Most people are familiar with carbon monoxide as a lethal gas. However, it also has advantageous properties in tiny doses: It has been demonstrated to decrease inflammation and accelerate tissue regeneration.
Researchers from MIT, Brigham and Women’s Hospital, the University of Iowa, and Beth Israel Deaconess Medical Center have developed a unique method of administering carbon monoxide to the body while avoiding its potentially harmful side effects. Using techniques from molecular gastronomy as inspiration, they were able to put carbon monoxide into stable foams that can be sent to the digestive system.
In a study with mice, researchers found that these foams helped reverse acute liver failure caused by an overdose of acetaminophen and reduced inflammation in the colon. The researchers claim that the novel method, which they describe in a study published today in Science Translational Medicine, might potentially be used to administer other medicinal gases.
“The ability to deliver a gas opens up whole new opportunities of how we think of therapeutics,” says Giovanni Traverso, “We generally don’t think of a gas as a therapeutic that you would take orally (or that could be administered rectally), so this offers an exciting new way to think about how we can help patients.”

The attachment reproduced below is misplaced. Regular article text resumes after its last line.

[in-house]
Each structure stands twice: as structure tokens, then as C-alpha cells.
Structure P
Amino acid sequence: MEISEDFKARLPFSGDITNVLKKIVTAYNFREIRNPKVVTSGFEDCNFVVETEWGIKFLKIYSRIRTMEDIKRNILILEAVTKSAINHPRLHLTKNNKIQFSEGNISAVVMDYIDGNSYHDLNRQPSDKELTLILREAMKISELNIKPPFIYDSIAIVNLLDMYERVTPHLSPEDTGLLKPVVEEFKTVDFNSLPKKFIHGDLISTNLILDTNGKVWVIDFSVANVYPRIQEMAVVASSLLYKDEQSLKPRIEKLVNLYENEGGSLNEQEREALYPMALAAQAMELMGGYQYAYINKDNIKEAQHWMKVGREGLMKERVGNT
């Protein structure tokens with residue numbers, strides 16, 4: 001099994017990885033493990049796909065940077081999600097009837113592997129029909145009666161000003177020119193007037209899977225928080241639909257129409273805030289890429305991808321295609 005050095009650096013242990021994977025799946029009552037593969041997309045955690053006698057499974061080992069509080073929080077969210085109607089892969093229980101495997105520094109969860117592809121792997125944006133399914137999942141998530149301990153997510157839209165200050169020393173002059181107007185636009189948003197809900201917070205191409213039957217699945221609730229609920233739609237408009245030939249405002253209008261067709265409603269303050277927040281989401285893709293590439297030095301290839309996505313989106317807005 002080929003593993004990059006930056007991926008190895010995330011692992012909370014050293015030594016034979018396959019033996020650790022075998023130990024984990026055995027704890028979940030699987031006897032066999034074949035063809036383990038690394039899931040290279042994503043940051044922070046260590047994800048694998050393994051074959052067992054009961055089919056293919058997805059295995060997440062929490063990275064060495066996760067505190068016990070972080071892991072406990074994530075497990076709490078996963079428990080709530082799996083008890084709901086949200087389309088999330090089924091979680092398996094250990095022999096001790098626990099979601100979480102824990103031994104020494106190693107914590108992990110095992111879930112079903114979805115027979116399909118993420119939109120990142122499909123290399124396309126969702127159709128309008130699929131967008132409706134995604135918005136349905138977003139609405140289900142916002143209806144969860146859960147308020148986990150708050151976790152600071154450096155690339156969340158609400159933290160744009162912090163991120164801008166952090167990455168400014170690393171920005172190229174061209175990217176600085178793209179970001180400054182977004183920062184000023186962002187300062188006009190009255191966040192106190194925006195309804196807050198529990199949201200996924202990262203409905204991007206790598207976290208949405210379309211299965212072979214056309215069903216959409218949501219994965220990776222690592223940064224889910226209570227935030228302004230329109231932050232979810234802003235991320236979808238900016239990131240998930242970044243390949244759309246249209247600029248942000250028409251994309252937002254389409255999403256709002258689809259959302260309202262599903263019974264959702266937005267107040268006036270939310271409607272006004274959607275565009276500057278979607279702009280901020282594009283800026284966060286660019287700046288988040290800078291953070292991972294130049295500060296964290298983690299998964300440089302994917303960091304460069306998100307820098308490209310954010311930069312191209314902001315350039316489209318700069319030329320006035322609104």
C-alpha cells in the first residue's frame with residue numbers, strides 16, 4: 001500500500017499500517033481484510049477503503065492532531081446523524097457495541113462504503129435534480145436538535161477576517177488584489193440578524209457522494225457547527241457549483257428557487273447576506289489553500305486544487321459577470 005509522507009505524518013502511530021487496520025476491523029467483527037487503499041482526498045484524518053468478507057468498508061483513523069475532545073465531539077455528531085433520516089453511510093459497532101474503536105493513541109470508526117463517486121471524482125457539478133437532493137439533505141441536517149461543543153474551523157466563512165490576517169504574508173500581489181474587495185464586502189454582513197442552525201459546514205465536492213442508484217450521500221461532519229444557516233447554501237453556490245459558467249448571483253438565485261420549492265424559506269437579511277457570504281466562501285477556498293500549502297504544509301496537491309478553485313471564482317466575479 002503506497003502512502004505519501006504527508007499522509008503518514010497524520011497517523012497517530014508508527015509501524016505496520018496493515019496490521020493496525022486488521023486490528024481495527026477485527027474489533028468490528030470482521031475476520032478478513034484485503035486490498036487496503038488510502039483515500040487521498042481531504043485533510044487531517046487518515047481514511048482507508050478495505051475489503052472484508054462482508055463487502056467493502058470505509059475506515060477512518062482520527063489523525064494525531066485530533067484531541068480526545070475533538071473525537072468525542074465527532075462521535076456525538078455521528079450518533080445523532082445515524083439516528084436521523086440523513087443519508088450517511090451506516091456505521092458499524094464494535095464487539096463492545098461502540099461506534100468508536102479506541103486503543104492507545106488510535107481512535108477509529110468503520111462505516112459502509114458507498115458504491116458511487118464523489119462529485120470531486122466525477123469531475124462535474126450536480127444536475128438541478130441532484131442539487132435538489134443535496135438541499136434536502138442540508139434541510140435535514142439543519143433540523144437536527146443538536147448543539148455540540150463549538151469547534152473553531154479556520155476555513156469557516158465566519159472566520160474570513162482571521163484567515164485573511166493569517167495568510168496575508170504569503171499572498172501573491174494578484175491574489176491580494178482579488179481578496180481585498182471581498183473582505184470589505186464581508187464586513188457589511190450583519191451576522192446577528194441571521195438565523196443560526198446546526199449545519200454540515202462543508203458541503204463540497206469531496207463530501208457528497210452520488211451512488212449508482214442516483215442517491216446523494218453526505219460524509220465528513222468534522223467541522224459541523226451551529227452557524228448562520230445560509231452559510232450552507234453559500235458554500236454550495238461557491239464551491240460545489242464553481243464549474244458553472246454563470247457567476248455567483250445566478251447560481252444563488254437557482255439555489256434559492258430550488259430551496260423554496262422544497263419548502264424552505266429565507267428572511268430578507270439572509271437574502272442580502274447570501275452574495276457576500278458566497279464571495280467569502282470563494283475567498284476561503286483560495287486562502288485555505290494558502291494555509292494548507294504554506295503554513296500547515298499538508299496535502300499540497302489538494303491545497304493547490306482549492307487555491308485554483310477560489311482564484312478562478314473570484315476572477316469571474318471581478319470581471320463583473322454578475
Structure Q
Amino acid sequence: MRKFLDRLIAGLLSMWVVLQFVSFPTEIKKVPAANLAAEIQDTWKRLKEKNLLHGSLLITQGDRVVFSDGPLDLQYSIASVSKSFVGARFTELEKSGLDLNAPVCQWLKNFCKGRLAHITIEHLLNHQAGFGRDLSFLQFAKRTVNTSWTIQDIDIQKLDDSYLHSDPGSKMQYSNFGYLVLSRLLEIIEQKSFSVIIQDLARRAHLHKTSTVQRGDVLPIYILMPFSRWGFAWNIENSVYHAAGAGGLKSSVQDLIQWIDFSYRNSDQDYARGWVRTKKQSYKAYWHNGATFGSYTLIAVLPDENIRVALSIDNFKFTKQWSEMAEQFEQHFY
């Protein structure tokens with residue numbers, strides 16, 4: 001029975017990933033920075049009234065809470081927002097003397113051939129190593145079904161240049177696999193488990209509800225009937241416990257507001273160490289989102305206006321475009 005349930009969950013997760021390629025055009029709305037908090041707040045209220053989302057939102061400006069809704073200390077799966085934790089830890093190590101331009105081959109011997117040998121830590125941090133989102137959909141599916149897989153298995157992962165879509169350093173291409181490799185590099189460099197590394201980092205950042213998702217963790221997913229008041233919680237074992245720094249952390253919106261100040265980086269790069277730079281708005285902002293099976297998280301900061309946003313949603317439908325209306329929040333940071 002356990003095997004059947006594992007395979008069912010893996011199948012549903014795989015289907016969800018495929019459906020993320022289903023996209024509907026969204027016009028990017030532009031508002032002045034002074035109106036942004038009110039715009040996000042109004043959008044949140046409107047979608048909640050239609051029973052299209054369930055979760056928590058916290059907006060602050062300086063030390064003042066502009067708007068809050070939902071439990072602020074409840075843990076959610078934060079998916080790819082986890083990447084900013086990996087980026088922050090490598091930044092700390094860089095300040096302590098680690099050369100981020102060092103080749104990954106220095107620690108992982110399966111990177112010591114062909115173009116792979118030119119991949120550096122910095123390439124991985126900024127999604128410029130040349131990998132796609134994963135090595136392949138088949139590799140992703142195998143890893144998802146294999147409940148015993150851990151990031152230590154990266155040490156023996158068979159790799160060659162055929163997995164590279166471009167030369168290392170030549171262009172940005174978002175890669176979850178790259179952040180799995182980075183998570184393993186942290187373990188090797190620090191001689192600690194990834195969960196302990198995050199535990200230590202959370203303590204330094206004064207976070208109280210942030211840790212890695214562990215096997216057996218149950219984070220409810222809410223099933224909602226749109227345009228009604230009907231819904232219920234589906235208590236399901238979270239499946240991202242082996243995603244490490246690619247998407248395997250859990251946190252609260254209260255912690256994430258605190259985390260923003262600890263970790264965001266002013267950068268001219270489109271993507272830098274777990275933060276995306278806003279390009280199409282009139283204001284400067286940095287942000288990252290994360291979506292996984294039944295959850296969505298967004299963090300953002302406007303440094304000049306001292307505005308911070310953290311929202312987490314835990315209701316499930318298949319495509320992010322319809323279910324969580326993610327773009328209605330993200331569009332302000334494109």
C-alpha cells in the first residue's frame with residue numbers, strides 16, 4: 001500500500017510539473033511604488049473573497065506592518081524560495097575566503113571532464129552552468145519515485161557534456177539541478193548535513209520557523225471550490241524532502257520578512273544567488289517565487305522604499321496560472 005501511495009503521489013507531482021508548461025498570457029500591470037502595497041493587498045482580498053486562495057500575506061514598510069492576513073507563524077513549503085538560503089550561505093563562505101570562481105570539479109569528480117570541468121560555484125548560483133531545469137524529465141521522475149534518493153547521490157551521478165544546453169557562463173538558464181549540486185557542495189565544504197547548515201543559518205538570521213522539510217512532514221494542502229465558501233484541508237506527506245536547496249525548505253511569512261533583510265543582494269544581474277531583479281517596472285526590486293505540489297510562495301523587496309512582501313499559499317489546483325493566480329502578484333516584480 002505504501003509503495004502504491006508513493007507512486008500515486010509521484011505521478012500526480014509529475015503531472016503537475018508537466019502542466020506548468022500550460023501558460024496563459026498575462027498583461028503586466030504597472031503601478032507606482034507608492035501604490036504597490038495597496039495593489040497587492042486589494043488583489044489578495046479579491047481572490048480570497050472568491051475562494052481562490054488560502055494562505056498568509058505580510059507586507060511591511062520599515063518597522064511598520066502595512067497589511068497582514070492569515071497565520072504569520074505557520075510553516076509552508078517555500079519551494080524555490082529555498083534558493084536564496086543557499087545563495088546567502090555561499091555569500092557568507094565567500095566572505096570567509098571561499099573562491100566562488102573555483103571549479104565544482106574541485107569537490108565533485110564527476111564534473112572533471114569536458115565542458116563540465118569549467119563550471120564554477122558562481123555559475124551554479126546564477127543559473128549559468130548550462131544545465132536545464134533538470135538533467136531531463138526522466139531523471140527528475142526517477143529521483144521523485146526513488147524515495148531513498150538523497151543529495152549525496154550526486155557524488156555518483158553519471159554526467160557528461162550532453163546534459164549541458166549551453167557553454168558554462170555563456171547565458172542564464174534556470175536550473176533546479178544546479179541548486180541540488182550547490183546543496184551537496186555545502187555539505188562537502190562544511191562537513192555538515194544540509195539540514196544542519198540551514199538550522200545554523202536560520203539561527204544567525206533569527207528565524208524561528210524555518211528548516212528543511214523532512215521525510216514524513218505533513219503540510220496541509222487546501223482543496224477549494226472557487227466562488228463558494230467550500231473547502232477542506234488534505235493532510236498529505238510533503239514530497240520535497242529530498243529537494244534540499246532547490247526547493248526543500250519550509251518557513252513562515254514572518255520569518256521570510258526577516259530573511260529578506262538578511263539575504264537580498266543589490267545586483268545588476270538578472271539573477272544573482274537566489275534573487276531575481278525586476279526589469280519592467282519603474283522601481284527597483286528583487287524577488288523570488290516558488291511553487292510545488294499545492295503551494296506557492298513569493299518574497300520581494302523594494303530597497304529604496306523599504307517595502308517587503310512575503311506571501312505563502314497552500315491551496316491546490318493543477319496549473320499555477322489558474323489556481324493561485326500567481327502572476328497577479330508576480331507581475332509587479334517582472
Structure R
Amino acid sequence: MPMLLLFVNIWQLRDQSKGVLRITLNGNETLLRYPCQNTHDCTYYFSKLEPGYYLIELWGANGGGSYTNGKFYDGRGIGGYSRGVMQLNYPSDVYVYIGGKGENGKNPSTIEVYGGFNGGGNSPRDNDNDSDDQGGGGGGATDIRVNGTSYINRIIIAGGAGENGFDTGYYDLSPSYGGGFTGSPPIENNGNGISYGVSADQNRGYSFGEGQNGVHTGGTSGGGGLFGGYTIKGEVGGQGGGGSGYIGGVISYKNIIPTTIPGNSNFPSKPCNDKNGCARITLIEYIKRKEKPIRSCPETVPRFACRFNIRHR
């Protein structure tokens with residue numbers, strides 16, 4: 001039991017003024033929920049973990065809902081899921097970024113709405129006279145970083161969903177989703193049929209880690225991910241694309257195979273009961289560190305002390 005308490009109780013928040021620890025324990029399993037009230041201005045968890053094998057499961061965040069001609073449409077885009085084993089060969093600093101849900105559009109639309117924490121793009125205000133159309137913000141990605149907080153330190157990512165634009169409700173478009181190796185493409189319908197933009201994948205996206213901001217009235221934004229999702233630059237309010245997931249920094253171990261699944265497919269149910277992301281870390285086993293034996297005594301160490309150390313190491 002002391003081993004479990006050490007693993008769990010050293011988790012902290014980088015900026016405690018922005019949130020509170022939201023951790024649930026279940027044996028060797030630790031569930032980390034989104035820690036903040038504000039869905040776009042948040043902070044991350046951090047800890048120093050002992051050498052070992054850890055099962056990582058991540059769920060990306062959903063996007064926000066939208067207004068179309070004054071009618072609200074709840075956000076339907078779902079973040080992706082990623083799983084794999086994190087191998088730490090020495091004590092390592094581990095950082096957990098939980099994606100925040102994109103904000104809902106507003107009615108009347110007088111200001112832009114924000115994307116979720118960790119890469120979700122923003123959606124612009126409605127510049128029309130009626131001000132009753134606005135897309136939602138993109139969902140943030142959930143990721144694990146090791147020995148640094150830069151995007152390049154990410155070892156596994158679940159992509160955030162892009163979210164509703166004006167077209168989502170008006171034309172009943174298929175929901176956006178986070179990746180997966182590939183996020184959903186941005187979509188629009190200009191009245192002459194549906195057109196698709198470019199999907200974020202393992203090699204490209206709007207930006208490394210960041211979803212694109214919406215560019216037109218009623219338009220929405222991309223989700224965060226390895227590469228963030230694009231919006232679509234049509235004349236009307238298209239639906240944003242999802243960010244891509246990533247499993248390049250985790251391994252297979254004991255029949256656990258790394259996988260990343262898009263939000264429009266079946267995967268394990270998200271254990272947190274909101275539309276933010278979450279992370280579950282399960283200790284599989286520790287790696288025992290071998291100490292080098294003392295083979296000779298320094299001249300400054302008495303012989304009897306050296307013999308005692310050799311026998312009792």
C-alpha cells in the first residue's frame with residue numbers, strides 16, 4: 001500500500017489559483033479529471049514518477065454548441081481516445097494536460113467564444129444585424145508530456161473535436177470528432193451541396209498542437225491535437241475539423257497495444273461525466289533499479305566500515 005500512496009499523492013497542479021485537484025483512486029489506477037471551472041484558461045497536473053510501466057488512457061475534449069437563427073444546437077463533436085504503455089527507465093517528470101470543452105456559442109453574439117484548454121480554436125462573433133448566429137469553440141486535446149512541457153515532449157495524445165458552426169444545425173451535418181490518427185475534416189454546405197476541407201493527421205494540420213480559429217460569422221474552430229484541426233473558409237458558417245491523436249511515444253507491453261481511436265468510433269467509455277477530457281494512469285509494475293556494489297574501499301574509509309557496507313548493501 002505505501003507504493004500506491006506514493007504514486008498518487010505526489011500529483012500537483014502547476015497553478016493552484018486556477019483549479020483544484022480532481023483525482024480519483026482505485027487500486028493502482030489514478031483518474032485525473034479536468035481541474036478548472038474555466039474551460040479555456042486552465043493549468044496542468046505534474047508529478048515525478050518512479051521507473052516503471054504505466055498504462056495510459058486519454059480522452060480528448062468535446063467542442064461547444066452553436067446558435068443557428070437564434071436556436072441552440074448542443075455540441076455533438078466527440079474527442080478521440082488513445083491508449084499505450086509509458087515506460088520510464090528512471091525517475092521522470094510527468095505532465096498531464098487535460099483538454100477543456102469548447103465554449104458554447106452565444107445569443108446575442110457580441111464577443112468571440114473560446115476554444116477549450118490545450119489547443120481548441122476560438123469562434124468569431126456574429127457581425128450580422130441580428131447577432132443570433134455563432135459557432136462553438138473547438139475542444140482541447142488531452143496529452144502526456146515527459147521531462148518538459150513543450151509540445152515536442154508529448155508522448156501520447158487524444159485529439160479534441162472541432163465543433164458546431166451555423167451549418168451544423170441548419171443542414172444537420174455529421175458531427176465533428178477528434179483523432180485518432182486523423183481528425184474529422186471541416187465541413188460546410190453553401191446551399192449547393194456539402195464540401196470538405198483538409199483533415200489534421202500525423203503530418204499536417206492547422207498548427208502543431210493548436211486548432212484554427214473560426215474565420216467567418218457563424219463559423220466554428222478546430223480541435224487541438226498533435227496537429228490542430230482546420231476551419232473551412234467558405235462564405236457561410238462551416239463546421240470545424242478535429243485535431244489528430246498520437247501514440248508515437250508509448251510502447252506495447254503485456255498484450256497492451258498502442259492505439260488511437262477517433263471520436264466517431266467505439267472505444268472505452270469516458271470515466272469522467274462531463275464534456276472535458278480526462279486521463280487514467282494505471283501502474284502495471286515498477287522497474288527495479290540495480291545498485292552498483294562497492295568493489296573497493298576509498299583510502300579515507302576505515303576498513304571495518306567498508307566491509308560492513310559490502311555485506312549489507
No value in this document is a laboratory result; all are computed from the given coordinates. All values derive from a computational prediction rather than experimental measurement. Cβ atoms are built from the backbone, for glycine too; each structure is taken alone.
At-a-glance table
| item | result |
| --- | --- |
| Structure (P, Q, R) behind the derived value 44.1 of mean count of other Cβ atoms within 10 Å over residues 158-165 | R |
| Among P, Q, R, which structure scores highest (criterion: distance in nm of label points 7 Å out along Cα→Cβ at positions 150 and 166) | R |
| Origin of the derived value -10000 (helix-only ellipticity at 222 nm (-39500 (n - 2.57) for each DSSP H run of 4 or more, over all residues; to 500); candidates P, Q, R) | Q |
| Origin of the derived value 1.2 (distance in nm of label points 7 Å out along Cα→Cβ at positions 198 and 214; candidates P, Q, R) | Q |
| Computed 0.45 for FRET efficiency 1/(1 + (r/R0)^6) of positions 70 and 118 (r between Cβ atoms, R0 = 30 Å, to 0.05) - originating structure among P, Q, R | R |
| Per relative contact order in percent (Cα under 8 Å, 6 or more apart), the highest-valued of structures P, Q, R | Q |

The paper’s senior authors are Traverso and Leo Otterbein, a professor of surgery at Beth Israel Deaconess Medical Center and Harvard Medical School. James Byrne, a radiation oncologist and physician-scientist at the University of Iowa who was formerly a resident in the Mass General Brigham/Dana Farber Radiation Oncology Program, David Gallo, a researcher at Beth Israel Deaconess, and Hannah Boyce, a research engineer at Brigham and Women’s, are the lead authors.
Foam-based delivery system
Otterbein has been researching the healing properties of modest doses of carbon monoxide since the late 1990s. The gas has been demonstrated to have positive benefits in preventing the rejection of transplanted organs, decreasing tumor growth, and moderating acute tissue injury and inflammation.